However, when we recall my statement that even with so many churches in the Old Town, the 4000 inhabitants still don’t fill them, we return to the main cause of un-kirking, and it is that people are no longer warming or filling pews.

Mansfield Traquair Centre Wall Painting

At a certain level, this makes Phoebe Traquair’s angel cry.

People’s butts keeping pews warm as they did ever since they put the first pews in European churches in the centuries following the Reformation is not really what Christianity is about. Getting lots of people into your church doesn’t mean a thing in some ways.

Yet those butts warming those pews are human butts. They are the butts of people who are beloved of God so much that He chose to become one of them. They are the butts of people who are beloved of God so much that He chose to die for them. They are the butts of people who need to hear and know the message of the greatness of the glory of God through the life, death, and resurrection of Jesus.

At least if they are at kirk each Sunday, they stand a chance of hearing this message and being transformed by it.

The un-kirking of Edinburgh and Europe is a phenomenon that, I understand, has been going on since at some point in the 1960’s. People just stopped going to church. Fewer and fewer people go to church every year. Even in the USA, which is imagined by many to be a “Christian” nation, the average Sunday attendance in 2005 was 80 persons — the megachurches are not offsetting the exodus.

My friend Rick, pastor of an international, multicultural, “evangelical” church in Cyprus, says that the European church has entered a phase of exile. Our mission and ministry have different needs than ministry in places where the church is exploding in size, as in Africa, South America, and Southeast Asia.

Our churches are dwindling, and people need the Gospel.

Maybe we don’t need David Wilkersons per se in Europe. But we do need people who are willing to invest in these cities and the people who populate them. People willing to walk past the empty spires and remember the One Whose Cross is raised high above.

People who are willing to love their unkirked friends to the bitter end.

People who are willing to live across from drunks and junkies and love them ceaselessly and endlessly.

People who are willing to truly befriend atheists and agnostics and take them seriously as people, not projects, not simply arguments with bodies.

We need Columbas and Ninians. (Too many reservations to want another Knox, really.)

David Wilkerson, 1931-2011

David Wilkerson went to sleep in the Lord on April 27 this year. And since any Christian in such a state is up for grabs to be Saint of the Week, here we go.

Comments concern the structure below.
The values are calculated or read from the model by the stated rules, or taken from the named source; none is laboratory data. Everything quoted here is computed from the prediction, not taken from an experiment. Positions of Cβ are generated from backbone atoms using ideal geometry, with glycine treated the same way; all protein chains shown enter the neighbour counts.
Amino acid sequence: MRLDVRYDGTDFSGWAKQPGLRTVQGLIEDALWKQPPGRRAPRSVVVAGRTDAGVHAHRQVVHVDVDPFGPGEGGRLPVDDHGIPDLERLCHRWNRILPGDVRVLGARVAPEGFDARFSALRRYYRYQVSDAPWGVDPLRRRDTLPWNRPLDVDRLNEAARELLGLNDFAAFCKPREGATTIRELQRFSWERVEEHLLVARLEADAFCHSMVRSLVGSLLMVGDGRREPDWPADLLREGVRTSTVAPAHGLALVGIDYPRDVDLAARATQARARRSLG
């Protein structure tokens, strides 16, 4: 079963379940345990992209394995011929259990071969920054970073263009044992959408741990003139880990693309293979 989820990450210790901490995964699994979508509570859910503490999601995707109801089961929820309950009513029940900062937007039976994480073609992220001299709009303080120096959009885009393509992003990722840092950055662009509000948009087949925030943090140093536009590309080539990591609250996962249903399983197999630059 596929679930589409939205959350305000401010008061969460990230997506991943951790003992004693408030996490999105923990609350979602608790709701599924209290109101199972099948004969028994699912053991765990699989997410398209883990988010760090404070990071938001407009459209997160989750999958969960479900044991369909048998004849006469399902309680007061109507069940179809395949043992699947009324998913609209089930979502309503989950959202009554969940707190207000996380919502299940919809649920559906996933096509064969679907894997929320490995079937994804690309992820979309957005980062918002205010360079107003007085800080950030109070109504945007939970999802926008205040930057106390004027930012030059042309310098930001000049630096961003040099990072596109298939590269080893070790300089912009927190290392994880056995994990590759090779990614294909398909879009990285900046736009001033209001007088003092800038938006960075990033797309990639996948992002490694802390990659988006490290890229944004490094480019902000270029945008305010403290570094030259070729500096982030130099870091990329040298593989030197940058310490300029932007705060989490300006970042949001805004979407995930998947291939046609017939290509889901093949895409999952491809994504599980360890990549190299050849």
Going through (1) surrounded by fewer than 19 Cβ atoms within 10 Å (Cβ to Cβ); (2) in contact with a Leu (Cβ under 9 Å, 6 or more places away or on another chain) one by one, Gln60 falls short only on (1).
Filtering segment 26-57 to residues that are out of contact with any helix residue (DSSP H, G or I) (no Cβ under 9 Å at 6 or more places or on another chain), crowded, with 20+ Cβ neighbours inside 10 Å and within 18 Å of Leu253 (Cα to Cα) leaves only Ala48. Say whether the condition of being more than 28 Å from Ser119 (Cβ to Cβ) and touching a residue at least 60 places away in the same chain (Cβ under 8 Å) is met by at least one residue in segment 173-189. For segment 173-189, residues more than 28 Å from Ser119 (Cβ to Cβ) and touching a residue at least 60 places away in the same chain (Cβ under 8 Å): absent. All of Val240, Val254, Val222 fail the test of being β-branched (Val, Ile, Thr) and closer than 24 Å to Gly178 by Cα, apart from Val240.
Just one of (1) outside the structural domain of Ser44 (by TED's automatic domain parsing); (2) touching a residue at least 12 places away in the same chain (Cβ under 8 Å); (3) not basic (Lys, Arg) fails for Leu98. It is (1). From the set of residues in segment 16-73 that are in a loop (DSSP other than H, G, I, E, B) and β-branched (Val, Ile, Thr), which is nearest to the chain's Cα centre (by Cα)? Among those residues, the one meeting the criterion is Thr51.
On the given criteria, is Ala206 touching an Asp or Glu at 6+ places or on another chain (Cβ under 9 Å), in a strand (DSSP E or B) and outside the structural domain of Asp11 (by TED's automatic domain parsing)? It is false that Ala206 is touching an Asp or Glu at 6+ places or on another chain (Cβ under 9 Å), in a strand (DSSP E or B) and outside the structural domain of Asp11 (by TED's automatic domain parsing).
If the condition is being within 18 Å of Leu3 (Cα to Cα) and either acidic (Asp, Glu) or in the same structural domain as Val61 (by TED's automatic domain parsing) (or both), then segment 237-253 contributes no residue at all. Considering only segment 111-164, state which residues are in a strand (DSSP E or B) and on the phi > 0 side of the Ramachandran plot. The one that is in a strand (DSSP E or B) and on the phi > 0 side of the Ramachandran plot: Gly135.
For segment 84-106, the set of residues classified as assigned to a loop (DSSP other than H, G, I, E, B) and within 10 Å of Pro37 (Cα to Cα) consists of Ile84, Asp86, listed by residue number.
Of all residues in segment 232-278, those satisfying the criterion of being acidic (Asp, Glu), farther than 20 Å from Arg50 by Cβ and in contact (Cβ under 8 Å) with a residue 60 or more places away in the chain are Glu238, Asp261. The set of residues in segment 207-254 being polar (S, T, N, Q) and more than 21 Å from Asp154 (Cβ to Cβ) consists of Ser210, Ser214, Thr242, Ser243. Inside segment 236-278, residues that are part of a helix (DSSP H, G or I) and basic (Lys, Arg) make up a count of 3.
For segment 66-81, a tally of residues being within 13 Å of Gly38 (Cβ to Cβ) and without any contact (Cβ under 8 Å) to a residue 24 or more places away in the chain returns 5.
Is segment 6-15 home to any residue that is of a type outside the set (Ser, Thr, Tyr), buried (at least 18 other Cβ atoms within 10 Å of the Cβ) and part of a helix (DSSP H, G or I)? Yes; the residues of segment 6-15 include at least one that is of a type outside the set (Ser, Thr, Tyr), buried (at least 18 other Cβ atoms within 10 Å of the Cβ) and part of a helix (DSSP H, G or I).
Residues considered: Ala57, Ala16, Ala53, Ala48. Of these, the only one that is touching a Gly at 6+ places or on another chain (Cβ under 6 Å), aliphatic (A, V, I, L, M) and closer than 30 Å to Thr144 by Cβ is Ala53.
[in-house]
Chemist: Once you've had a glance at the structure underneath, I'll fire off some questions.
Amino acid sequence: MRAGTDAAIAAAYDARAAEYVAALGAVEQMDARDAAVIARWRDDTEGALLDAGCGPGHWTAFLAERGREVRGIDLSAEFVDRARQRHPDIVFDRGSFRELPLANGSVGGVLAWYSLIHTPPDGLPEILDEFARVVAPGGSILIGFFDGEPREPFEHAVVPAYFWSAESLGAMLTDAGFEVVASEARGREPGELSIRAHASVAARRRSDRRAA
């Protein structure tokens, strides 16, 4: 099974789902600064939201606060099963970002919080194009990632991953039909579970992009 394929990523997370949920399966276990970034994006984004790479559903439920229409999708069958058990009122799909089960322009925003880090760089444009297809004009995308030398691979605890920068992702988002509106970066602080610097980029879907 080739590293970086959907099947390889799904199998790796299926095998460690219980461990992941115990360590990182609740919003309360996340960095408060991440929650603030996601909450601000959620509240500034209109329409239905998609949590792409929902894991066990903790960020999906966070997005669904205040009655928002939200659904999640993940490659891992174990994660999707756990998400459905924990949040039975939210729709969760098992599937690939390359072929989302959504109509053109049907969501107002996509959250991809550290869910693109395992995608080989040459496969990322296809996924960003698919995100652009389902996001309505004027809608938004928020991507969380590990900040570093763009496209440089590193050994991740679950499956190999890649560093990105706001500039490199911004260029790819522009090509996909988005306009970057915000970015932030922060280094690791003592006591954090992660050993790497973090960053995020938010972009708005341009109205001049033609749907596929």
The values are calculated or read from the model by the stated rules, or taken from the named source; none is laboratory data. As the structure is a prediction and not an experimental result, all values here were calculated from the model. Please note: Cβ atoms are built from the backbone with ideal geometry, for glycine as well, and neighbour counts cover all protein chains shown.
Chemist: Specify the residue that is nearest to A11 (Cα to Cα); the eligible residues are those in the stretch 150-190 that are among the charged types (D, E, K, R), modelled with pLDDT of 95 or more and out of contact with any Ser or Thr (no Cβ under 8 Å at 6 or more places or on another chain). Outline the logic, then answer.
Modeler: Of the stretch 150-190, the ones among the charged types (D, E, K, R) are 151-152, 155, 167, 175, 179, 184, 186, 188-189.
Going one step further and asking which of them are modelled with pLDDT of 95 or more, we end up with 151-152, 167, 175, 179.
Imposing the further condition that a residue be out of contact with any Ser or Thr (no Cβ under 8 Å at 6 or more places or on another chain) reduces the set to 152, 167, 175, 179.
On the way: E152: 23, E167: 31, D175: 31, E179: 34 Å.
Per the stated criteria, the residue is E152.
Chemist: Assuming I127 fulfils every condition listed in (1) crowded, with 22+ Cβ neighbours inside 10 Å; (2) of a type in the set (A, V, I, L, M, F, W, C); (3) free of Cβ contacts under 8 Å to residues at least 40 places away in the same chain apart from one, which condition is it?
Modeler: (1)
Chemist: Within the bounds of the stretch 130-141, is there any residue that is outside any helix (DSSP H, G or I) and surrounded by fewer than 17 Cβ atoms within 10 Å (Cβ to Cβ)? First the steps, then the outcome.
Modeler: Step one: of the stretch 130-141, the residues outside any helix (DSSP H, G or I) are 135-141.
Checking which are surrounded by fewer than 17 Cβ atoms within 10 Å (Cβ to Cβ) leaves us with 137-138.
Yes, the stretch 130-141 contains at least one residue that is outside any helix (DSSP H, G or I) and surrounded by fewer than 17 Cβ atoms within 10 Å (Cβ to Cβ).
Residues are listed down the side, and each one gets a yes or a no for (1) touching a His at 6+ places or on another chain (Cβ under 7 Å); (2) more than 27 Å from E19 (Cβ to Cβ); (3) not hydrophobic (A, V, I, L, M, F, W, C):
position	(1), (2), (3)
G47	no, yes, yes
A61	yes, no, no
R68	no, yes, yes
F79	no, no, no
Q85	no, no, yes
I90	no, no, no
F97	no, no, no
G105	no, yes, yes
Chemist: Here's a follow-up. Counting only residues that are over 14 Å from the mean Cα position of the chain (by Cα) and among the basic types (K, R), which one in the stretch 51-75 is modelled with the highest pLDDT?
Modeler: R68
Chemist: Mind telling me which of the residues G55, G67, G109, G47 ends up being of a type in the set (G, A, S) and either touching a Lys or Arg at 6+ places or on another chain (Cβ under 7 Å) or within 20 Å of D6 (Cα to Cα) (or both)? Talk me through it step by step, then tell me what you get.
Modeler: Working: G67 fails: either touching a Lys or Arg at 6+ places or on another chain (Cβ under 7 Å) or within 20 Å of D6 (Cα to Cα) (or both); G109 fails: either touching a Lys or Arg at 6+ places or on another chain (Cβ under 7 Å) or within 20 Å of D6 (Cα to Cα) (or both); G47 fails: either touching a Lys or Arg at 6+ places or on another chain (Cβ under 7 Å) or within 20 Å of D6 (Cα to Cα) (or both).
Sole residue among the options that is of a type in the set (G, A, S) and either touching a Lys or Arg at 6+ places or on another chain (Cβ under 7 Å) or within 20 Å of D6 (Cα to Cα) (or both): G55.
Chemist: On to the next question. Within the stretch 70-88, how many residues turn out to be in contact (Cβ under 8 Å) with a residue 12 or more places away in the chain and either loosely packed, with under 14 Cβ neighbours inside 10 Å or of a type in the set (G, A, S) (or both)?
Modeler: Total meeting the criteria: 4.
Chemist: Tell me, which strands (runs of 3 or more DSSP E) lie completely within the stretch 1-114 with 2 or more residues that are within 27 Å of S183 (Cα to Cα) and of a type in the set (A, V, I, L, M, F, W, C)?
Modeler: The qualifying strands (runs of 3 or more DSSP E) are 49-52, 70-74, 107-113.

There is a good chance that you don’t know Wilkerson’s name. However, you probably do know the name of one of his books — The Cross and the Switchblade, which was also made into a film.

In 1958, David Wilkerson moved to New York City to bring the Gospel to the inner city gangs. He engaged in the risky business of outdoor, open-air preaching in the concrete jungle. And, unlike the guy I saw on Princes Street the other day, people actually stopped to listen. In fact, a couple of gang leaders came to Christ.

One of these early converts was Nicky Cruz, whom you may know from his book Run Baby Run. Through the power of the Holy Spirit and the ministry of Rev. Wilkerson, Nicky was freed from heroin addiction and went on to become an evangelist himself.

As Wilkerson’s ministry amongst Nicky and his ilk continued, they discovered that they had to find a way to help all of these gang members and street kids that was of a more material nature than simply answering an altar call. So, having established Teen Challenge, Wilkerson and his team took over some old houses and provided places for the teens to live, to learn some skills, to go through withdrawal — that sort of thing.

If I remember correctly (the reference would be Twelve Angels from Hell), Teen Challenge also started a farm ministry for these kids who knew naught but the city to and experience God’s creation as part of the work.

One problem Wilkerson faced as the numbers of new converts grew was the fact that often people would be on the straight and narrow for a short while but eventually return to crime, drugs, and gangs. He asked Nicky and some of the first converts, who were now sort of senior members of the Teen Challenge community, and they said they were able to stay away from their old life after their baptism in the Holy Spirit.